This post originally appeared on October 13, 2018, in Amanda Kludt’s newsletter “From the Editor,” a roundup of the most vital news and stories in the food world each week. Read the archives and subscribe now.
Two big stories this week.
1. The Court of Master Sommeliers revoked the ‘master sommelier’ title from 23 of the 24 people who passed the exam this year, because they discovered one of the Court’s members leaked information about this year’s tasting portion (one of the three sections of the test and often called the hardest to pass). One person took the test earlier in the year and thus avoided the penalty.
For those unaware of the weird and wild world of master somm exams, well it’s fairly extreme. I have friends and acquaintances who have dedicated years of theirs lives and serious dollars working their way up to and then taking the exam. Anyone who’s seen the movie Somm understands the passion and insanity (and inanity) that goes into all of it. This is akin to being disqualified from the Olympics for someone else’s doping scandal.
19 of the 23 are trying to convince the Court to hold an investigation and change their decision, but I think our op-ed writer Cristie Norman is right to say the Court did the right thing. I also wonder if more MS titles are in jeopardy if this leaker has been intimately involved in the test in the past. I presume they won’t won’t to poke too hard at that.
2. Meanwhile, Charlie Hallowell is officially ready for his comeback. The Oakland chef and restaurateur who was accused of sexual harrassment by THIRTY employees, already hinted at his comeback in June, but now he’s released a 12-point plan on how he’d like to return to his businesses and open a brand new restaurant.
If you believe these kinds of figures are ever allowed back, not to mention just 10 months after exile, he does go a long way towards sounding repentant, enlightened. First he genuinely apologizes and owns his actions. He’s going to therapy, joined a self help group, hired third party HR, set up office hours, hired an all-female advisory board, handed over control of his salary to his female CEO, etc.
And then he mentions the dunk tank. He wants to have a monthly dunk tank where employees can attempt to dunk him. If it’s a joke, it’s an unfortunate venue for a joke. If he’s serious, what an inappropriately lighthearted way to invite employees to confront him about his actions.
Maybe it’s naive or extreme to wish he would just sell the whole company off and start fresh somewhere else, but turning a comeback into a carnival doesn’t seem like a step in the right direction.
Opening of the Week
There is a new restaurant in New York called Zauo where you fish for your dinner. It sounds like the dumbest thing in the world... until you start following the instagram stories of people who go. And then it looks... kind of fun? Like, I wouldn’t go on purpose but I wouldn’t be mad if I somehow ended up there by accident and netted a fish.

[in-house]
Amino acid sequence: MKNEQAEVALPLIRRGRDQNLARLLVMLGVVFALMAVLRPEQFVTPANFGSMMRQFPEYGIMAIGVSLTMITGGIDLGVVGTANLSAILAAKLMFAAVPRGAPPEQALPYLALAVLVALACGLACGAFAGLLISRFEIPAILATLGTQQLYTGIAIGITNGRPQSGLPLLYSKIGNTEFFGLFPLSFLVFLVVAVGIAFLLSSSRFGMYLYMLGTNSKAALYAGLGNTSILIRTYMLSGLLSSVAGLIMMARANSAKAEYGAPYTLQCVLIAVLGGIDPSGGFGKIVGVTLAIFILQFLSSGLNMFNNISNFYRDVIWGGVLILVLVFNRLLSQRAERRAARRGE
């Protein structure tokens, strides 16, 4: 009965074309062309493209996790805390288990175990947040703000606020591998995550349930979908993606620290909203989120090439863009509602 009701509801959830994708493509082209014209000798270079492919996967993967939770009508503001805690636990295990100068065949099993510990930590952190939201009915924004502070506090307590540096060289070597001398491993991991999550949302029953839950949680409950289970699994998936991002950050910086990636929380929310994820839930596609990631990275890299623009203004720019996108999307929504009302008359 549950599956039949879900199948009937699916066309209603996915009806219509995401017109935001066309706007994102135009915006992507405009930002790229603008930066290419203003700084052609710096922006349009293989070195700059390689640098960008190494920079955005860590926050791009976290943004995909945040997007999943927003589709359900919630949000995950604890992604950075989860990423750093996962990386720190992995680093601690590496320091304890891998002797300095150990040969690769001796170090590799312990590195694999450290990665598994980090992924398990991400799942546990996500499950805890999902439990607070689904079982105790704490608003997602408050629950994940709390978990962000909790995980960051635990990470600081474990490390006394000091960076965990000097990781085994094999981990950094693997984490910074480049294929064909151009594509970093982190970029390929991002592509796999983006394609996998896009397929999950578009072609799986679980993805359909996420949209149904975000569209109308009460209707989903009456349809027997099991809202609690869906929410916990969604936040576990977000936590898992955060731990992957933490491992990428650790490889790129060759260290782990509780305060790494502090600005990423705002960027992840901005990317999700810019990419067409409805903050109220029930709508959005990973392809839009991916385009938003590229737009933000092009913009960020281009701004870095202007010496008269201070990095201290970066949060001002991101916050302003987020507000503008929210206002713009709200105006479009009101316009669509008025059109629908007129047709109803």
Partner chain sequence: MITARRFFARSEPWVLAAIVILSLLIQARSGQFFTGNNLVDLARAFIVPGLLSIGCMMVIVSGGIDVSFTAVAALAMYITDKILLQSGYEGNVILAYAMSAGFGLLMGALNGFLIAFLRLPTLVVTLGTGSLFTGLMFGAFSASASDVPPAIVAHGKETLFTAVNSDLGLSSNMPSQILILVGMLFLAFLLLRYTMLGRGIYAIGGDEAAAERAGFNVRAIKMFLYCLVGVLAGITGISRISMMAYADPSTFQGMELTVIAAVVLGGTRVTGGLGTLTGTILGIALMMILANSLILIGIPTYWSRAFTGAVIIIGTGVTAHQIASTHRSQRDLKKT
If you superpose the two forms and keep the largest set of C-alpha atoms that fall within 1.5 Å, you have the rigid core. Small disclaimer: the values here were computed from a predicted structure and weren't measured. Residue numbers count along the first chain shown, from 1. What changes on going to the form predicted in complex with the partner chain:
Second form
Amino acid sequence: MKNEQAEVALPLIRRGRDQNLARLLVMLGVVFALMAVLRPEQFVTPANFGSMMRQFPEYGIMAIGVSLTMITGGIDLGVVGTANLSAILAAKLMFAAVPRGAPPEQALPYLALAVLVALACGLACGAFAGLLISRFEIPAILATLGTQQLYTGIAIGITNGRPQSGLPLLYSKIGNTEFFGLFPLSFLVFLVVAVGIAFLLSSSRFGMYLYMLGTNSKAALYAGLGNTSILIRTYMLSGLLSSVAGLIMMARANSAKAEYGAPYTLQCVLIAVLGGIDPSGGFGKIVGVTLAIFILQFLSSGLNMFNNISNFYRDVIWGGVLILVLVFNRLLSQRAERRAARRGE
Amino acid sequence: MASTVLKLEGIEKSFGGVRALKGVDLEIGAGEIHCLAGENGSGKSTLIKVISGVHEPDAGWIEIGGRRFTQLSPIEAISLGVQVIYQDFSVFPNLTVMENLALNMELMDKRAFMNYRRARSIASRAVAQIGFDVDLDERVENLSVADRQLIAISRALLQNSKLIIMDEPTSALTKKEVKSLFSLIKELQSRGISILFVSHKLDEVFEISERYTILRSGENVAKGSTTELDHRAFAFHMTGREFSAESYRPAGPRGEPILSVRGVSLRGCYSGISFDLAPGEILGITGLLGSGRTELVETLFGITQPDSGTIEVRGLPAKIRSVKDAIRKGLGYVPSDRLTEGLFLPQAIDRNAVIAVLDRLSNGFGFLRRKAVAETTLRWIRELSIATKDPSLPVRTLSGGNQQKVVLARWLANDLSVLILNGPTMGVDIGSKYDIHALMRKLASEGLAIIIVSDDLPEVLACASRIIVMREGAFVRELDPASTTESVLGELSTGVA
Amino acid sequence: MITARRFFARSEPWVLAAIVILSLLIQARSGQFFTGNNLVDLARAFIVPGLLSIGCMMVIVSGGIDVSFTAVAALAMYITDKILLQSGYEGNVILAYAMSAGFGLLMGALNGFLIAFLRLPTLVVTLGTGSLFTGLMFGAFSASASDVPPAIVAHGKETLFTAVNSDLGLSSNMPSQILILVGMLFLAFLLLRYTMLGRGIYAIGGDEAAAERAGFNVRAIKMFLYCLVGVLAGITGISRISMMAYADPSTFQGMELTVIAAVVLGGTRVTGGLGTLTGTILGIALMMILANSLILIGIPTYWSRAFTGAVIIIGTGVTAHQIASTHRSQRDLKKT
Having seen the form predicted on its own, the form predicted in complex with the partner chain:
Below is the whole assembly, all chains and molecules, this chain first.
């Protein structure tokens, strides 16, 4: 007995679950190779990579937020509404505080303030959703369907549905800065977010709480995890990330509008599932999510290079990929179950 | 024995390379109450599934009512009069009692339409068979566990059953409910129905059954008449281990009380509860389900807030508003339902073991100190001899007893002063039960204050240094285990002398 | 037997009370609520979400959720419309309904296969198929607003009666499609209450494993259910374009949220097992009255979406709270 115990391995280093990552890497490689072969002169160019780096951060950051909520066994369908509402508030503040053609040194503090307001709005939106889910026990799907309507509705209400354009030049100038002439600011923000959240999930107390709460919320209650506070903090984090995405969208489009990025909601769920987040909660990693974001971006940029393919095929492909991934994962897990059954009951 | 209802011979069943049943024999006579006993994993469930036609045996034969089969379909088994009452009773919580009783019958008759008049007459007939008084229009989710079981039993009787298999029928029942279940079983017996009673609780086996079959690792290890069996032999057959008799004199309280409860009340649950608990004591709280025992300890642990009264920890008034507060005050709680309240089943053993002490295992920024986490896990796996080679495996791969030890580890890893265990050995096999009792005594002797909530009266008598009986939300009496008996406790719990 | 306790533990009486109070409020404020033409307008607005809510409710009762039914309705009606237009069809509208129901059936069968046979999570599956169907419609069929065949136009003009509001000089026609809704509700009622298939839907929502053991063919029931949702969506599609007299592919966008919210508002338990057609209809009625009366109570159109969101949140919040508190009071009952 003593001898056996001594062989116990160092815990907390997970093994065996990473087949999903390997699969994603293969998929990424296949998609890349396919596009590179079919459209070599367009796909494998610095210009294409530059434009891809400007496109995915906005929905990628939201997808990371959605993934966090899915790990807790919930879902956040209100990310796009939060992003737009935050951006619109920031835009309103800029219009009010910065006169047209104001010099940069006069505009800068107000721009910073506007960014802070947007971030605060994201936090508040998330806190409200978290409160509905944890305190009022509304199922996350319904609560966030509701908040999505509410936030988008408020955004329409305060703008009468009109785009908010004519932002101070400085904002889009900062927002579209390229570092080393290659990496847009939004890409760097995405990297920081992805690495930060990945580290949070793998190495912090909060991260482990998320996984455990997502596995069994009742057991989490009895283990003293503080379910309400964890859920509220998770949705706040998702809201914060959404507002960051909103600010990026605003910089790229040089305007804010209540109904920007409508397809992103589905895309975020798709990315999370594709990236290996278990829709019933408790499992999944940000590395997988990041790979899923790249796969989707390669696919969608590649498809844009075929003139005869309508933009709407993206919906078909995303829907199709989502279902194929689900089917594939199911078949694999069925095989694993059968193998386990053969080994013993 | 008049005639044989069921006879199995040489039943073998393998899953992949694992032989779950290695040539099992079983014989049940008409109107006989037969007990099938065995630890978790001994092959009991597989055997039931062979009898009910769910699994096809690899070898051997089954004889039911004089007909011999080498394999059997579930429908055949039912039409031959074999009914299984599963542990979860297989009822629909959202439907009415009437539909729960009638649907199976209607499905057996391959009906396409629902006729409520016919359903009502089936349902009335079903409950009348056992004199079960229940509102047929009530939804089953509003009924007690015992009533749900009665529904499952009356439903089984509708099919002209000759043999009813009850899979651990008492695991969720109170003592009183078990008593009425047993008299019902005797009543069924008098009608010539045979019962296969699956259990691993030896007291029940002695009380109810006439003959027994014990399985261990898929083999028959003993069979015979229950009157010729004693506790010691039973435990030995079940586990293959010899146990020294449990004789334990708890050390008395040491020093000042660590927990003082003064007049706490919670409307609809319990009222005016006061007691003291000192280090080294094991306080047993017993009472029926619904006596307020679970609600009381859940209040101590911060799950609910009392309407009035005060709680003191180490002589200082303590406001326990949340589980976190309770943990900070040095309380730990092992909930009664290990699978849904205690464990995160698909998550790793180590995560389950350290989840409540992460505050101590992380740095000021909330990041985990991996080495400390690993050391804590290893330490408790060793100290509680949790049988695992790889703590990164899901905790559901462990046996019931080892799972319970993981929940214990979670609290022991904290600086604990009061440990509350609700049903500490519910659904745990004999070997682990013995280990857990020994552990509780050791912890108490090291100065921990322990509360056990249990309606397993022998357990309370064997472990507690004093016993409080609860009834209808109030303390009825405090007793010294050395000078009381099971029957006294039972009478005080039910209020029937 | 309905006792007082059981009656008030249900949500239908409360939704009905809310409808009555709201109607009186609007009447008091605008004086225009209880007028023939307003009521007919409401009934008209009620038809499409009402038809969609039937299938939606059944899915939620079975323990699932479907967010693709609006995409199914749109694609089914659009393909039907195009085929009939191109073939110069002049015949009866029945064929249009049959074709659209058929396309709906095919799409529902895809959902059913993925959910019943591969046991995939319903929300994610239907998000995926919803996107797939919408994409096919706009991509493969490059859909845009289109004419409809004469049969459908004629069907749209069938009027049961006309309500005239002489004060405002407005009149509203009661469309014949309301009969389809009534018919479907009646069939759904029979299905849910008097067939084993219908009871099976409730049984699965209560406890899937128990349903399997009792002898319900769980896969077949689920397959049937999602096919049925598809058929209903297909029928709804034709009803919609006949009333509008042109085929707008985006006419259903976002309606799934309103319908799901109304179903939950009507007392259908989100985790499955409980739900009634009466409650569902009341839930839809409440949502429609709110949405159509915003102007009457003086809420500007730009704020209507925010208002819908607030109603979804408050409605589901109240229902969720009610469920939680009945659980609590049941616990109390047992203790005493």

- Intel: My favorite London restaurant, Roti King, will open a second location; AmEx is trying to regain dominance in the credit-card-for-food-lovers war; Houston chef Chris Shepherd opened his much-anticipated Georgia James in the former Underbelly space; Hurricane Michael forced Waffle House to shutter 30 locations in Florida (all reopened now); owner Gene Hamer and chef Bill Smith are selling famed Chapel Hill restaurant Crook’s Corner and handing over the kitchen to chef Justin Burdett; you can now order Porto’s pastries online; female co-working space the Wing, and its restaurant, are now in SF; Loteria Grill at the Original Farmer’s Market in LA closed after 16 years; Montreal is considering restricting the use of wood-fired ovens and cooking with charcoal (on grills or otherwise) in restaurants; the menu was the only normal thing about Kanye’s lunch with President Donald Trump; fine dining chef Josiah Citrin opens his new restaurant at the Line Hotel in LA on Sunday; and chef Andrew Carmellini is calling his Shinola Hotel restaurant in Detroit San Morello and calling his beer hall the Brakeman.
- How the dosa became the food ambassador for South India in the U.S.
- What’s up with all these sexual Instagram posts by fast-casual restaurants?
- Restaurants are very thirsty for your personal data.
- The critics: Ryan Sutton finds the menu cards at high-end Korean tasting menu spot Atomix charming and Robert Sietsema awards four stars to the comforting couscous at Kish-Kash.
- Watch: inside a sea urchin processing facility.
- Robert Sietsema’s eulogy for Coffee Shop.
- This week I learned there’s a murder mystery series that centers on a ficticious bakery owner/detective.
- Buy: Everything you need for a hot pot night.
- And last but not least, we have a new editor of Eater DC.
On the Podcasts This Week
This week on The Upsell, Daniel and I talk with writer, cookbook author, and now star of new Netflix show Salt, Fat, Acid, Heat, Samin Nosrat. We discuss her path to success, thoughts on Chef’s Table and diversity in food television, and how to get what you want by writing nice letters to people.
And on this week’s episode of our new business podcast, Start to Sale, hosts Erin and Natasha talk to the co-founders of Witchsy, a digital gallery and online marketplace.
- In which actor Daniel Radcliffe fact-checks a New Yorker restaurant review. [New Yorker]
- Starbucks now has a Taipei location made of 29 shipping containers and subsidized child care for its U.S. employees. [Curbed; Skift Table]
- A delightful read on the magic and mystery of Skittles. [The Ringer]
- Some thoughts from the front lines of being a pregnant restaurant worker. [F&W]
- Eight experts weigh in on the alleged death of processed American cheese. [Vox]
Take care, enjoy the weekend, and if you like this newsletter, please forward it to a friend.